Demand for exchange-traded funds that provide investors with protection against swings in exchange rates is slowing as volatility in currency markets eases.
U.S. hedged ETFs attracted $204 million in the week through June 19, the least since December, data compiled by Bloomberg show. The funds have been among the most popular ones among investors, attracting $39.8 billion this year.
Money managers flocked to hedged ETFs as rapid declines by the euro and the yen imperiled international returns from buoyant overseas stock markets. Now, as that volatility declines, investors are reassessing whether hedging still makes sense.
“What we’re looking for is almost a little bit of the currency moves slowing down,” James Gardiner, a managing director at JA Forlines LLC in Locust Valley, New York, said by phone. “We came into the year much more hedged against the very strong dollar. We’ve been shading that as the year’s progressed into the summer,” he said of the company’s European exposure. JA Forlines has about $400 million under management.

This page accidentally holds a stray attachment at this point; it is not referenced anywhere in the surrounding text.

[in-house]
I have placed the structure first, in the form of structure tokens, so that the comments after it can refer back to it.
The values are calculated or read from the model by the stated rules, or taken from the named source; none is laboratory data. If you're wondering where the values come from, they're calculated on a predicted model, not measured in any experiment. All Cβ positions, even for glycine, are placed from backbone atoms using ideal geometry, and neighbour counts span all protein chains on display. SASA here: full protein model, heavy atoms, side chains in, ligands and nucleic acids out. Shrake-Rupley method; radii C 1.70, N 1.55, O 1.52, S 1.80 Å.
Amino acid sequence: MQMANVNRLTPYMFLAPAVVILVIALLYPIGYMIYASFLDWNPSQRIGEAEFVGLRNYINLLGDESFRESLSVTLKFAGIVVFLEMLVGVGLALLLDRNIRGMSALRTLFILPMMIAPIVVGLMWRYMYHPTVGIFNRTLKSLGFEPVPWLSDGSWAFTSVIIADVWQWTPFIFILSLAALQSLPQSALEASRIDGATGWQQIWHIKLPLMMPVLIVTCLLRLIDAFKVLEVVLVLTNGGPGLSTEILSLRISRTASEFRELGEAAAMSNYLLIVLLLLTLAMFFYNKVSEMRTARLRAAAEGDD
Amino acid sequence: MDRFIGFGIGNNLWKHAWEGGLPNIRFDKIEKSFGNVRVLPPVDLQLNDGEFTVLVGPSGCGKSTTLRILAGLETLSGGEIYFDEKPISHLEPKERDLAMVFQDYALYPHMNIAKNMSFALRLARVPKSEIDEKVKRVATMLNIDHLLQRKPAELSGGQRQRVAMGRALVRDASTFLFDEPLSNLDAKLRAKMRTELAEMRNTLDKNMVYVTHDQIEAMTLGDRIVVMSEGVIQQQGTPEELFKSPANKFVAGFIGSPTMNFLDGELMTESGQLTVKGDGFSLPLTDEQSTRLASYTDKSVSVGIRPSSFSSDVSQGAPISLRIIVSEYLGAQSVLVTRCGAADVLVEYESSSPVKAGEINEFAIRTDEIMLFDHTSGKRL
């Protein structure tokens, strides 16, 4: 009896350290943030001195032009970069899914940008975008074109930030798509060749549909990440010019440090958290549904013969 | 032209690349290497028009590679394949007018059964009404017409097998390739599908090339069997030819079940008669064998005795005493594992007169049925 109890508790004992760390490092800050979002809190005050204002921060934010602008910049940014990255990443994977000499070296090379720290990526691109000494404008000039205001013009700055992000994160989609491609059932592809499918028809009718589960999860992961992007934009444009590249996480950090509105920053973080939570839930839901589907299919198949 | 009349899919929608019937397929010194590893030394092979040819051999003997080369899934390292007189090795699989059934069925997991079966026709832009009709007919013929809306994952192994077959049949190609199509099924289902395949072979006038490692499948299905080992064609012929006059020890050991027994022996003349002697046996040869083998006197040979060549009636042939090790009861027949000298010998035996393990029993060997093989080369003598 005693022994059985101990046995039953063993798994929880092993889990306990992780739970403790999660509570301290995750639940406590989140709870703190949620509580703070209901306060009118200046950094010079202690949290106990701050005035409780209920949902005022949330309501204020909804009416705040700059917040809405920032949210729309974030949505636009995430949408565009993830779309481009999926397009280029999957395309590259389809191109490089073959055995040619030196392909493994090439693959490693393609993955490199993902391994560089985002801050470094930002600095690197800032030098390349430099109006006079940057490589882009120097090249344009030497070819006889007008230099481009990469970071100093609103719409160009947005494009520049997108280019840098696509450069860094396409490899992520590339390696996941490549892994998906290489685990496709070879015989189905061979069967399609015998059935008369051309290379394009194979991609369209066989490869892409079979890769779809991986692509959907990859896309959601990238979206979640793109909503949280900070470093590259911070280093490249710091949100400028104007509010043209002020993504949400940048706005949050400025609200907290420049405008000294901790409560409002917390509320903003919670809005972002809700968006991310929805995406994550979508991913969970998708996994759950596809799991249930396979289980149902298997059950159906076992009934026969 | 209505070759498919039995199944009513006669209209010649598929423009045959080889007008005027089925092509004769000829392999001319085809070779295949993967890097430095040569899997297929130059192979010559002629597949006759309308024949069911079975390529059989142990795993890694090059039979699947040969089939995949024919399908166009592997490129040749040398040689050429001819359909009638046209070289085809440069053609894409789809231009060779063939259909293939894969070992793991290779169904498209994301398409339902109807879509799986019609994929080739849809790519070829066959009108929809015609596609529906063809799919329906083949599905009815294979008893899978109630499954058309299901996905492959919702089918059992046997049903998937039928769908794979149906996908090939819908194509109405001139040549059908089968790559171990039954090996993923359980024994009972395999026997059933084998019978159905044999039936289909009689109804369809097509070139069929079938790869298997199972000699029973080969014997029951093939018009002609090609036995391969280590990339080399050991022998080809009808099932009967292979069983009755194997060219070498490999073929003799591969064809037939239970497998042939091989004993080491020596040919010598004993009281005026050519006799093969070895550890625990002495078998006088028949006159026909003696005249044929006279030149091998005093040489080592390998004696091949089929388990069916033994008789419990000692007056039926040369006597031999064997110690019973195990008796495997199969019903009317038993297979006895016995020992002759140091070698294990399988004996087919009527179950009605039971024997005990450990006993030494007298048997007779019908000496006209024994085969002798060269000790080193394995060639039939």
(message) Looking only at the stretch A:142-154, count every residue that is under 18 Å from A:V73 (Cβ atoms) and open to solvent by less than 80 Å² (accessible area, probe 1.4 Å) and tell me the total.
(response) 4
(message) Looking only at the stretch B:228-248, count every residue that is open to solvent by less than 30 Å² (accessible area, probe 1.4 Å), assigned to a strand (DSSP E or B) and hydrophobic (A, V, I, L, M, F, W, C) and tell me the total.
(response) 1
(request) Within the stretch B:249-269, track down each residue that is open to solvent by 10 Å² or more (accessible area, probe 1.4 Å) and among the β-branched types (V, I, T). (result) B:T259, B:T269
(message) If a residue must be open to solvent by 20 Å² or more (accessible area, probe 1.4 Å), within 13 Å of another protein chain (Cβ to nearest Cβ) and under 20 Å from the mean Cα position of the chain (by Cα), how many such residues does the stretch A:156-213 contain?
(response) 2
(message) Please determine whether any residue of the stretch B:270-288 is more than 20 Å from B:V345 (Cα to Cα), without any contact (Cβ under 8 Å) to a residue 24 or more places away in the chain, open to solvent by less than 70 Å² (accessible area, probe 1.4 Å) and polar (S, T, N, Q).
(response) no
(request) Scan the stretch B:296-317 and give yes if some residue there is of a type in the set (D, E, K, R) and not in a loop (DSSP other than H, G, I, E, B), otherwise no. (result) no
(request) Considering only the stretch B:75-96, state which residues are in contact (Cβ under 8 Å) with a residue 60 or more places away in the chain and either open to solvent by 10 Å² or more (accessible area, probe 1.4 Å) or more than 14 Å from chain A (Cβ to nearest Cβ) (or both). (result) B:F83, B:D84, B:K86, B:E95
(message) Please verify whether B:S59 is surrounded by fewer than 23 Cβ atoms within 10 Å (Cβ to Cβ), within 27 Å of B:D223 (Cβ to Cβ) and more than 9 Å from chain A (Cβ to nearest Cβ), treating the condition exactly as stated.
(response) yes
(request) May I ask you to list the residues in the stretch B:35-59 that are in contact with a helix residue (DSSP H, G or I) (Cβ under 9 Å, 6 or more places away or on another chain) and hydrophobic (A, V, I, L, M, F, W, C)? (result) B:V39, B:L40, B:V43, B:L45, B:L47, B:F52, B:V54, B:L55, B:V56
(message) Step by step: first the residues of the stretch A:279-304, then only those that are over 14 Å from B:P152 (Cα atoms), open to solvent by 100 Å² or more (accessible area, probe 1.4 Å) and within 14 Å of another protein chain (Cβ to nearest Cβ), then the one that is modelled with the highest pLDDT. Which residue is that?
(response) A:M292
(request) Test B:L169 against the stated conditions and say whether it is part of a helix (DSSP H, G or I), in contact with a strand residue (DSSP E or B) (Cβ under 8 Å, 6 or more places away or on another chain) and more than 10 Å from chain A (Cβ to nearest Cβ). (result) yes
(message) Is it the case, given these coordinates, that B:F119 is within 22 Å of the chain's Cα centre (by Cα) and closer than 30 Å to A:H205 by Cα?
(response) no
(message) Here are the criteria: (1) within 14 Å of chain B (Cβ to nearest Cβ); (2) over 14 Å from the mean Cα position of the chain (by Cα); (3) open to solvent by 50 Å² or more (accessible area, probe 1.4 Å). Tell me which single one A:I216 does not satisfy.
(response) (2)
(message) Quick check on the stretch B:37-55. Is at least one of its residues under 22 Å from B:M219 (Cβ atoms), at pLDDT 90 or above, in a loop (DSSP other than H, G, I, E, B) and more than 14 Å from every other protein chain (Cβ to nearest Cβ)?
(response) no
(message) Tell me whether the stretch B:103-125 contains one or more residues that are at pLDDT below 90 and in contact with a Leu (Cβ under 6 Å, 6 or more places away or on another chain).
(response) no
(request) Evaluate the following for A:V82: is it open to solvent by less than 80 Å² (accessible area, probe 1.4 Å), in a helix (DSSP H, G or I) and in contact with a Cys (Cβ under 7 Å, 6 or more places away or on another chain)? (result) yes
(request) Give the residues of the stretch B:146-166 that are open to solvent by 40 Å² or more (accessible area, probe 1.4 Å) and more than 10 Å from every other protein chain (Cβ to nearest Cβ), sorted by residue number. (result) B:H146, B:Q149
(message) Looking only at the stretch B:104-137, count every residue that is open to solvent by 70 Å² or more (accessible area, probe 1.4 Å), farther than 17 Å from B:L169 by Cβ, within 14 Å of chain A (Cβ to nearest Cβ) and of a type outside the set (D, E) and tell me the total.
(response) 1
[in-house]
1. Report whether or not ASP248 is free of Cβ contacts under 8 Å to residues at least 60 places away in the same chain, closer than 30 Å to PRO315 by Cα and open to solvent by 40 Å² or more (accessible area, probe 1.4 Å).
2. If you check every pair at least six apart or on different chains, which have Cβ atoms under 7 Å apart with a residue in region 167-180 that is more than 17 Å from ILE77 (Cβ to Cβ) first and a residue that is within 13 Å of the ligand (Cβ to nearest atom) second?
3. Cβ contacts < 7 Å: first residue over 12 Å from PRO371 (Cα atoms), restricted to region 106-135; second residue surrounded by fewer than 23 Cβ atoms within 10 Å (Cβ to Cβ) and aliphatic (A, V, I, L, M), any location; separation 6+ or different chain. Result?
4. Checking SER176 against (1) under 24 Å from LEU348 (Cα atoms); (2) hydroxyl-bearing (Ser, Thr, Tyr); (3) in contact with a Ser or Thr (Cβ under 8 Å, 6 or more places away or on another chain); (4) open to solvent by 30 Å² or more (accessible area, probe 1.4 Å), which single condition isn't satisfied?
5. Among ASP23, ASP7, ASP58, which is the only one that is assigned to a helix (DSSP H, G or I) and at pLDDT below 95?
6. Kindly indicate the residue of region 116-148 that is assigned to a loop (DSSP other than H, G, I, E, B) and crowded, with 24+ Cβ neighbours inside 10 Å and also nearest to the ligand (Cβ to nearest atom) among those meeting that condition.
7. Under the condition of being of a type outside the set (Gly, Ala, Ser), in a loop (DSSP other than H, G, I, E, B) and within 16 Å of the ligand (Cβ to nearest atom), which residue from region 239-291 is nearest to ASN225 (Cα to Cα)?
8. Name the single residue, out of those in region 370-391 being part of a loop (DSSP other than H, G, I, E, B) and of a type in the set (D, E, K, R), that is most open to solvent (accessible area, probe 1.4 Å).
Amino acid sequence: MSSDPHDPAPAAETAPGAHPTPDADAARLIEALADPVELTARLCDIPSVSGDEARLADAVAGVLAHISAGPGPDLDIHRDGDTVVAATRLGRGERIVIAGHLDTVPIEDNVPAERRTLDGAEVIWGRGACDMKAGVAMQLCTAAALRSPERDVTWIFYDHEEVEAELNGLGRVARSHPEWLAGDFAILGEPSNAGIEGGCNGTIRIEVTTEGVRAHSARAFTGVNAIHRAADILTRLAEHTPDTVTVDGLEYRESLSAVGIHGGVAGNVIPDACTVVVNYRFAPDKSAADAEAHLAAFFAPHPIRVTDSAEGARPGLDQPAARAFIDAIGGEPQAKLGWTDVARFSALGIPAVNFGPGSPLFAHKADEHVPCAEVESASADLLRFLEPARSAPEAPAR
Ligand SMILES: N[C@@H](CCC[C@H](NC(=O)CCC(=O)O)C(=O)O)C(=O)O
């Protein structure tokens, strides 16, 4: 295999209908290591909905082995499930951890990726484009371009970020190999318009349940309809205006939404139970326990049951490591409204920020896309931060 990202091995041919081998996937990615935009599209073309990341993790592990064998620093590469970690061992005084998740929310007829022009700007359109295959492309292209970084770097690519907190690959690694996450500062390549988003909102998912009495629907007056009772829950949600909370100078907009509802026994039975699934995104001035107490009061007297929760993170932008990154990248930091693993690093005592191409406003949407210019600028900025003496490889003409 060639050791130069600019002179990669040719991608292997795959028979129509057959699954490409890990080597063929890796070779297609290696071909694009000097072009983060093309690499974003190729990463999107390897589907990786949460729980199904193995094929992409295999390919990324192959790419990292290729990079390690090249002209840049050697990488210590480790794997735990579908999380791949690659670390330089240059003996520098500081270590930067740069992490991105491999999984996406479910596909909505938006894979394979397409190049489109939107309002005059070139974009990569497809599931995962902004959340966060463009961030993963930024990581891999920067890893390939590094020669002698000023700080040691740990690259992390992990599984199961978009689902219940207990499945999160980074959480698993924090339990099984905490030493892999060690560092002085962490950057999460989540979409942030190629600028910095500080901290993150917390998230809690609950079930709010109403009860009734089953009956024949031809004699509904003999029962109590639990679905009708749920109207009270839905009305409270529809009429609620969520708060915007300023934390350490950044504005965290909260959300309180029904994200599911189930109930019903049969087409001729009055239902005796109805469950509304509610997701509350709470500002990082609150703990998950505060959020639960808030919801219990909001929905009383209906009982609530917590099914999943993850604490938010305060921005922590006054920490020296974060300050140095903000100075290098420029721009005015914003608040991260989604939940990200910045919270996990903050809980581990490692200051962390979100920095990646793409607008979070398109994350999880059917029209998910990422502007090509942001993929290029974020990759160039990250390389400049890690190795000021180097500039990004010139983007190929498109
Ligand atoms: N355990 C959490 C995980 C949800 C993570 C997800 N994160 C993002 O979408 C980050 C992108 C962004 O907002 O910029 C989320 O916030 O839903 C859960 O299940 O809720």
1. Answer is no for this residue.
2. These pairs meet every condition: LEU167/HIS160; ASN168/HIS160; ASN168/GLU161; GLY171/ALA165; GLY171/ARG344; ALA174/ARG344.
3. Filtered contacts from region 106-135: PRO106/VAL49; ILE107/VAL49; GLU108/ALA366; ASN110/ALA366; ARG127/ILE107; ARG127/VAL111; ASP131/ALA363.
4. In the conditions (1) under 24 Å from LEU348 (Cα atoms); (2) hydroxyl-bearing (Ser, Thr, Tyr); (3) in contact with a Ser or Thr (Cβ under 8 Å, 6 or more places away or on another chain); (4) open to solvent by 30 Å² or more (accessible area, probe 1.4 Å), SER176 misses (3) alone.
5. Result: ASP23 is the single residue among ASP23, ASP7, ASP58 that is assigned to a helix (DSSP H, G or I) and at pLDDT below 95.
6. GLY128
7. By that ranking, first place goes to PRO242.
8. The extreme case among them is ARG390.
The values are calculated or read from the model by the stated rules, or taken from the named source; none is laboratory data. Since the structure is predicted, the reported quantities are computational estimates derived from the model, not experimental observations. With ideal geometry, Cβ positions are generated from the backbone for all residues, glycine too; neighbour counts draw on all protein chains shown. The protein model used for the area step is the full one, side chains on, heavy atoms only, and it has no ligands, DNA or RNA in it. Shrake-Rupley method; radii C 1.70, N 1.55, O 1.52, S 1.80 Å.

A JPMorgan Chase & Co. measure of currency price swings declined to its lowest since May 19 on Monday.
The euro is forecast to fall another 7.4 percent by year-end, while the yen is predicted to decline 2.1 percent, the median estimates of analysts surveyed by Bloomberg News show.
Investors directed the least in six weeks into WisdomTree Investment Inc.’s hedged Europe fund, the largest currency-hedged ETF in the U.S. Money managers also pulled cash from the ETF provider’s hedged Japan fund, the first outflow since the week ending Dec. 19.
An unhedged Europe fund run by BlackRock Inc.’s iShares unit by contrast had its best week since April, while a naked Japan product attracted the most money in seven weeks.